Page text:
A highly concentrated 8% capsaicin patch is both effective and well tolerated as a treatment option for diabetic peripheral nerve pain (DPNP), either alone or in combination with standard oral therapies. This emerges from an overview published in the Expert Review of Neurotherapeutics. 1
Approximately half of all adults with diabetes have diabetic peripheral neuropathy. About 25% of these adults suffer from DPNP, which severely affects quality of life and is a major cause of morbidity.
There is currently no approved treatment that can reverse or prevent the progression of DPN disease. Current pharmacological management of DPN pain is focused on glycemic control and symptomatic therapies and includes α-2-δ ligands, tricyclic antidepressants, and serotonin-norepinephrine reuptake inhibitors.
Topical treatment modalities for DPNP include low-dose capsaicin creams (0.025% -0.075%). These creams have shown moderate effectiveness, but are often poorly tolerated due to frequent re-use and burning sensation at the application site.
The US Food and Drug Administration approved the highly concentrated 8% capsaicin patch in 2009 for post-therapeutic neuralgia and in 2020 for DPNP. Prior to approval, the development should achieve prolonged treatment efficacy through a single highly concentrated application.
The researchers conducted several clinical studies to address concerns about the systemic absorption of capsaicin. Several study protocols identified a low rate of absorption and a half-life of approximately 1.64 hours.
Researchers also investigated the therapeutic benefits of capsaicin 8% in several patient populations, including those with DPNP, HIV-associated neuropathy, post-therapeutic neuralgia, and chemotherapy-induced peripheral neuropathy. One of these studies – the Phase 3 randomized, double-blind, placebo-controlled, multicenter STEP study – included 186 patients with DPNP who received 8% capsaicin and 183 who did not. 2 Researchers found a statistically significant decrease in the primary study endpoint (percent change in mean daily pain score) from baseline to weeks 2 through 8 in the treatment group (mean percent change: -27.4 ± 26.79% versus -20.9 ± 28.92%; P = 0.025).
Although the STEP study demonstrated both clinical efficacy and tolerability, the PACE study demonstrated longitudinal efficacy, safety, and tolerability over a much longer 52-week follow-up period. 3 In this open-label, randomized, controlled, multicenter study, patients were assigned 30- or 60-minute capsaicin 8% applications plus standard of care or standard of care alone. Researchers found similar dropout rates across all study groups, and the efficacy data showed increased DPNP relief with capsaicin by 8% compared to standard treatment alone.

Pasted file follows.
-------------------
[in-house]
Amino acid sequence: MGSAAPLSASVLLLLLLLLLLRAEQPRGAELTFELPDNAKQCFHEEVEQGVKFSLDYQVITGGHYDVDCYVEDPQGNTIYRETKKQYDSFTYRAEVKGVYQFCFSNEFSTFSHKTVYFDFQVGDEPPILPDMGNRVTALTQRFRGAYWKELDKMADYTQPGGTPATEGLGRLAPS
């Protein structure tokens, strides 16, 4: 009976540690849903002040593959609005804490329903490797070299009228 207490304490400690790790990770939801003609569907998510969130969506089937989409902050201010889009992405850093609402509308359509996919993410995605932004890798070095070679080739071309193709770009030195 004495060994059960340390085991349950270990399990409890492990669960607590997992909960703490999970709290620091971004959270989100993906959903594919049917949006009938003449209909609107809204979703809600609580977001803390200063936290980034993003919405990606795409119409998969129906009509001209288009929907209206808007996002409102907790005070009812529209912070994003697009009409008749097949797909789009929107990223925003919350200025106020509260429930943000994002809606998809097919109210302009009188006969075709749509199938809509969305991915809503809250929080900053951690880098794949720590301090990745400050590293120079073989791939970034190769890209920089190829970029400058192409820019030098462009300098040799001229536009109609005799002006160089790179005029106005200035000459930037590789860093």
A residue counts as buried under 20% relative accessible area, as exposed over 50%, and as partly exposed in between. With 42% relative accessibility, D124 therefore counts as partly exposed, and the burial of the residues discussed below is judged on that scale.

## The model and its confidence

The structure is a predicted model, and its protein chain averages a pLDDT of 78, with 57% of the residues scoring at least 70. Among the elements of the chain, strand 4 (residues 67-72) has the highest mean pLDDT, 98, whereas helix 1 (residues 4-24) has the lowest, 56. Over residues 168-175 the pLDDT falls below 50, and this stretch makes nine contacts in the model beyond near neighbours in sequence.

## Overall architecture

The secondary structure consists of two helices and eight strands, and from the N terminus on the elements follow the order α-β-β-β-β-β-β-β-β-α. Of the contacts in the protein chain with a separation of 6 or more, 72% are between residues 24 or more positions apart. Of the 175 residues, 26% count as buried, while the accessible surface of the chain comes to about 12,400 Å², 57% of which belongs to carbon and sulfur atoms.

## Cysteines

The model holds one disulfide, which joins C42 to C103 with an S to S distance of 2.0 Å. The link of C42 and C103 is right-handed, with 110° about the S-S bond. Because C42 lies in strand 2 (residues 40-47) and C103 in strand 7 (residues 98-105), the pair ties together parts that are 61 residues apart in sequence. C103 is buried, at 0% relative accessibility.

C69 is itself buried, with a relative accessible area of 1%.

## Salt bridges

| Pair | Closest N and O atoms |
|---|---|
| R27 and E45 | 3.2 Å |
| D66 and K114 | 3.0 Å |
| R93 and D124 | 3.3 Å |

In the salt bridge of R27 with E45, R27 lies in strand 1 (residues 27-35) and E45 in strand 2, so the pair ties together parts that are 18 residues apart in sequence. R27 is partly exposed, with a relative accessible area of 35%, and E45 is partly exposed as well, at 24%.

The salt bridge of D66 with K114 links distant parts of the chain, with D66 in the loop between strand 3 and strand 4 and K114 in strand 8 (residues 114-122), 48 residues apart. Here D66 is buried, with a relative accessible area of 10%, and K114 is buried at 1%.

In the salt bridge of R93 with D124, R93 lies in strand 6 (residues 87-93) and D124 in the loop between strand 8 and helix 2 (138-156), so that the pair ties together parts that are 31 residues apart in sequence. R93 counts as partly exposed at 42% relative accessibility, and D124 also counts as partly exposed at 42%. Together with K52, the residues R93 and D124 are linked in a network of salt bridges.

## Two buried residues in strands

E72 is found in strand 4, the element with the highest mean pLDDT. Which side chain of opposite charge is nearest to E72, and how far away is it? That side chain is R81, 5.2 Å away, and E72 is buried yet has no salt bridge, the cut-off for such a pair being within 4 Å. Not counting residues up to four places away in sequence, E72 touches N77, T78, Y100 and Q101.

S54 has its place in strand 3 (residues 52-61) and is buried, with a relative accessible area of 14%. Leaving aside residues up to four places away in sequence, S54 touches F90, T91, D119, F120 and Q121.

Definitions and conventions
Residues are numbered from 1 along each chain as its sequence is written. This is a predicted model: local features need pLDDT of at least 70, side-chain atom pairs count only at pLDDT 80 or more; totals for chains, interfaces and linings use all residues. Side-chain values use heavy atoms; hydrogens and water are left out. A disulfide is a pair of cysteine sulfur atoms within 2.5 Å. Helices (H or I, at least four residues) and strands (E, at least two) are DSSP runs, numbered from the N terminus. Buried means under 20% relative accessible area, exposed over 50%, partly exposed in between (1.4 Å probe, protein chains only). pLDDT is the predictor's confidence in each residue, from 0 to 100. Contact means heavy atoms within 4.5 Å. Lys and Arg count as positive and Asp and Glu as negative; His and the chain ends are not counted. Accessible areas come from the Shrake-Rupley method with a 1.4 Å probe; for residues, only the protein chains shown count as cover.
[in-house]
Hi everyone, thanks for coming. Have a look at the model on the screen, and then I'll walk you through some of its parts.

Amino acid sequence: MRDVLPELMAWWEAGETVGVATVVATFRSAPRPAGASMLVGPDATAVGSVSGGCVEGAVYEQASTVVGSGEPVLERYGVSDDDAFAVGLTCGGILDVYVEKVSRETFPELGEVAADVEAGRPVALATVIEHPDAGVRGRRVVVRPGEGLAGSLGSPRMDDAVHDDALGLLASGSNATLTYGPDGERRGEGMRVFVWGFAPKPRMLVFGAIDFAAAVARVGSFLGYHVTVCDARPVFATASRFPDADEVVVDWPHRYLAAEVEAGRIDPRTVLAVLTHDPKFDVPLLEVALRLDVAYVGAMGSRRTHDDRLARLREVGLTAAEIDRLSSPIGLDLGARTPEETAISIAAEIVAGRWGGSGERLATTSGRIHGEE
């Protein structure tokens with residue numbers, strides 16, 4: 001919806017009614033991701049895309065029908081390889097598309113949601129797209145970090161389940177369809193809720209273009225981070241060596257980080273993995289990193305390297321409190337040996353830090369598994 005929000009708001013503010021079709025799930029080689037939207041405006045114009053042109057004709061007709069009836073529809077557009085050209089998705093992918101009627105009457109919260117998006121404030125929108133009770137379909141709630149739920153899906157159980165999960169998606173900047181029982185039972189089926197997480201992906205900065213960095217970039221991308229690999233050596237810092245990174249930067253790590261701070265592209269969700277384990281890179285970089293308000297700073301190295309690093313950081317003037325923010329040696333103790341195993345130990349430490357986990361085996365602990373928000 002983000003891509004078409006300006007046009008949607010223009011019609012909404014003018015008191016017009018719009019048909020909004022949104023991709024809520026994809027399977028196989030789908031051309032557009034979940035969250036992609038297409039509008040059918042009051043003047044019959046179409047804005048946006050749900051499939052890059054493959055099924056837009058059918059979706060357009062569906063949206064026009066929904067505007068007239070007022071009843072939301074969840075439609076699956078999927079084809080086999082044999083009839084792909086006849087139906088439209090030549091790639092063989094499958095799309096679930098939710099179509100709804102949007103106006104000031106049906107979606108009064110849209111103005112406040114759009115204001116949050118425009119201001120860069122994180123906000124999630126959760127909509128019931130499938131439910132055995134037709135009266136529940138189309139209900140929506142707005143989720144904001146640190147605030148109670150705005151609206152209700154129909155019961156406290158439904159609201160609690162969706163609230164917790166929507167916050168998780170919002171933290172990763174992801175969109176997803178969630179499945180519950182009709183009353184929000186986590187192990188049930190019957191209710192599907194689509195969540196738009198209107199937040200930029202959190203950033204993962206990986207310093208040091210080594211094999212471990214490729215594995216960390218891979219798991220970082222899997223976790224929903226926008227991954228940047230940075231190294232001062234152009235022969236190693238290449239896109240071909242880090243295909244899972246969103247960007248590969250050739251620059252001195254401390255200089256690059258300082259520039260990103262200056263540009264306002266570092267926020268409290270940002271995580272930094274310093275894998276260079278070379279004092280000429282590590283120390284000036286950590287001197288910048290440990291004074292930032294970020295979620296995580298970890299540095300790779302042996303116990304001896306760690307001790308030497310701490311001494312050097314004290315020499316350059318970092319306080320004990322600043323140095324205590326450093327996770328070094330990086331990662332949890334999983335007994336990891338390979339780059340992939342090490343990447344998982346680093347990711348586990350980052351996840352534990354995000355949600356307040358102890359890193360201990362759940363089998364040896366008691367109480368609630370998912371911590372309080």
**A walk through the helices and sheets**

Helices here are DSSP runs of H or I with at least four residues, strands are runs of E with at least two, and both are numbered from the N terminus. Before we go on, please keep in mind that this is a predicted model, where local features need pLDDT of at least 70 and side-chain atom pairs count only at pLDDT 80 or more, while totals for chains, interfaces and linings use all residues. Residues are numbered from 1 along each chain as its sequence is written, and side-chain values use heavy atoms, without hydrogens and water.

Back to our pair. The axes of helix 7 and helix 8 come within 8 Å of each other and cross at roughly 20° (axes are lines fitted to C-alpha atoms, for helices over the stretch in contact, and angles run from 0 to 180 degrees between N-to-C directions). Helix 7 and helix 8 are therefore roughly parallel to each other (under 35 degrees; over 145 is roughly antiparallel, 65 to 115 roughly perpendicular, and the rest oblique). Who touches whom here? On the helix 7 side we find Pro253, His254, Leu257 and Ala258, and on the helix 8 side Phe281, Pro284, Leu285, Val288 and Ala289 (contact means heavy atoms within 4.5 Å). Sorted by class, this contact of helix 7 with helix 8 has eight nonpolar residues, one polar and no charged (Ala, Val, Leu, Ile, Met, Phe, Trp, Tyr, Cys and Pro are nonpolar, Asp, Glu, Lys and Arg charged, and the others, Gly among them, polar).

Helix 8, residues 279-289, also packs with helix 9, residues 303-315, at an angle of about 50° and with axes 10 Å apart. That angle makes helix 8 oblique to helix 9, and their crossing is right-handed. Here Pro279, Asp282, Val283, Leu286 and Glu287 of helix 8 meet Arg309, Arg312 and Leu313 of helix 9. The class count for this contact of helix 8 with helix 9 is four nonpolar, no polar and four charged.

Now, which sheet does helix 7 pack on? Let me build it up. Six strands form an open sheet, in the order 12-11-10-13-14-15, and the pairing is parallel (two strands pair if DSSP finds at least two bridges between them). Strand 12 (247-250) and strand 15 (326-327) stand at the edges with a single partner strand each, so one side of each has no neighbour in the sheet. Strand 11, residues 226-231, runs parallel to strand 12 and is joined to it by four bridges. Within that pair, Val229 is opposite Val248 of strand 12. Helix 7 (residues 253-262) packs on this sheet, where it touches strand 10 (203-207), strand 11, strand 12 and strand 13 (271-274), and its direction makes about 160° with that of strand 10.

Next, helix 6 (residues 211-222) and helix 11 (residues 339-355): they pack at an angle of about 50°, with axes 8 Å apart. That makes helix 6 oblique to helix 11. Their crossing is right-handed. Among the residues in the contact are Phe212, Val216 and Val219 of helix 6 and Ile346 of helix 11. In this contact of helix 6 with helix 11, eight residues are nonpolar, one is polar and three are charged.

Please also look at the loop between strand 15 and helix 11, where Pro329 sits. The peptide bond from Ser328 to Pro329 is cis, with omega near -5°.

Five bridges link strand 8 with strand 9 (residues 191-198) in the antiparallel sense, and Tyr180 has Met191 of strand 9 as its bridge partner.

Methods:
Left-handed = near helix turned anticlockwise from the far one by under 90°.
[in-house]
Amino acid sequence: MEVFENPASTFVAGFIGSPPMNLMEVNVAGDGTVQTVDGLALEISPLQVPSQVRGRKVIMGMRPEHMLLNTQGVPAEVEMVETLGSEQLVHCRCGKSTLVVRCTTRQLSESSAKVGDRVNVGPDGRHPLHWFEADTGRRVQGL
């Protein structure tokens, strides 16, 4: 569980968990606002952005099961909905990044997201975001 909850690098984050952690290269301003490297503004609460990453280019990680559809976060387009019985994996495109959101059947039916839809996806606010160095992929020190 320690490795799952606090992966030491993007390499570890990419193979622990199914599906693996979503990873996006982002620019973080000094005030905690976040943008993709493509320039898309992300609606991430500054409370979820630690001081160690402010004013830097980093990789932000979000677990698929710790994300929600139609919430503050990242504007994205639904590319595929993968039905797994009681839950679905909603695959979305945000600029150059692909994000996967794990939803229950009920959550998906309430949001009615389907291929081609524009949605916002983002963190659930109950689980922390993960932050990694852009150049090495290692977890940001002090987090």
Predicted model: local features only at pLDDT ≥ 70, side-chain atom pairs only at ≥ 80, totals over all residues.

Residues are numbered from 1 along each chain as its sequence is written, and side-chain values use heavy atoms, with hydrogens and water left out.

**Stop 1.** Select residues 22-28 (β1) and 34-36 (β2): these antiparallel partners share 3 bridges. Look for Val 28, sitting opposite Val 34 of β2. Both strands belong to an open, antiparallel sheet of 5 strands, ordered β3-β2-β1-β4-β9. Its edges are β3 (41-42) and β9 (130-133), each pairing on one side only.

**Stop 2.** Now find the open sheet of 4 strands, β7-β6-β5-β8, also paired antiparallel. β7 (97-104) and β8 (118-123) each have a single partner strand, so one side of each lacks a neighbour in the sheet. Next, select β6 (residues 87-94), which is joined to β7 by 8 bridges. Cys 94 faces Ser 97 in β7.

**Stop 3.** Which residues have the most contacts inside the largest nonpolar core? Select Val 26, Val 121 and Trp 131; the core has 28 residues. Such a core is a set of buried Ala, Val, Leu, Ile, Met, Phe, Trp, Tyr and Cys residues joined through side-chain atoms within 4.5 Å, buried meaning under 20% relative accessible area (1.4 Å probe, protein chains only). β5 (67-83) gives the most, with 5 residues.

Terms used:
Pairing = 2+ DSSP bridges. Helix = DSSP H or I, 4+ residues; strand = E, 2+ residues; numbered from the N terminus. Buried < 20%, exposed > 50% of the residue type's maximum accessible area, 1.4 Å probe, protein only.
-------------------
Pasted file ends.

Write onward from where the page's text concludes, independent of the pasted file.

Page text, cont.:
“The sustained pain relief after applying the patch, as well as the favorable adverse event, tolerability and systemic side effect profile make the Capsaicin 8% Patch a powerful tool that helps patients and doctors in the management of pain in diabetic nerves,” they concluded Study authors. “After monitoring, studies on the safety and tolerability of the Capsaicin 8% Patch in patients with DPNP will likely be in preparation.”
Disclosure: Several authors of the study have stated that they are part of the pharmaceutical industry. For a full list of the authors’ information, see the original reference.
- Abrams RMC, Pedowitz EJ, Simpson DM. A Critical Review of the Capsaicin 8% Patch for the Treatment of Neuropathic Pain Associated with Diabetic Peripheral Neuropathy of the Feet in Adults. Expert Rev Neurother. Published online January 11, 2021. doi: 10.1080 / 14737175.2021.1874920
- Simpson DM, Robinson-Papp J., Van J. et al. Capsaicin 8% patch in painful diabetic peripheral neuropathy: a randomized, double-blind, placebo-controlled study. J pain. 2017; 18 (1): 42-53.
- Vinik AI, Perrot S., Vinik EJ et al. Capsaicin 8% Patch Repeat Treatment Plus Standard of Care (SOC) versus SOC alone for painful diabetic peripheral neuropathy: a randomized, 52-week, open-label safety study. BMC Neurol. 2016; 16 (1): 251.
This article originally appeared on Clinical Pain Advisor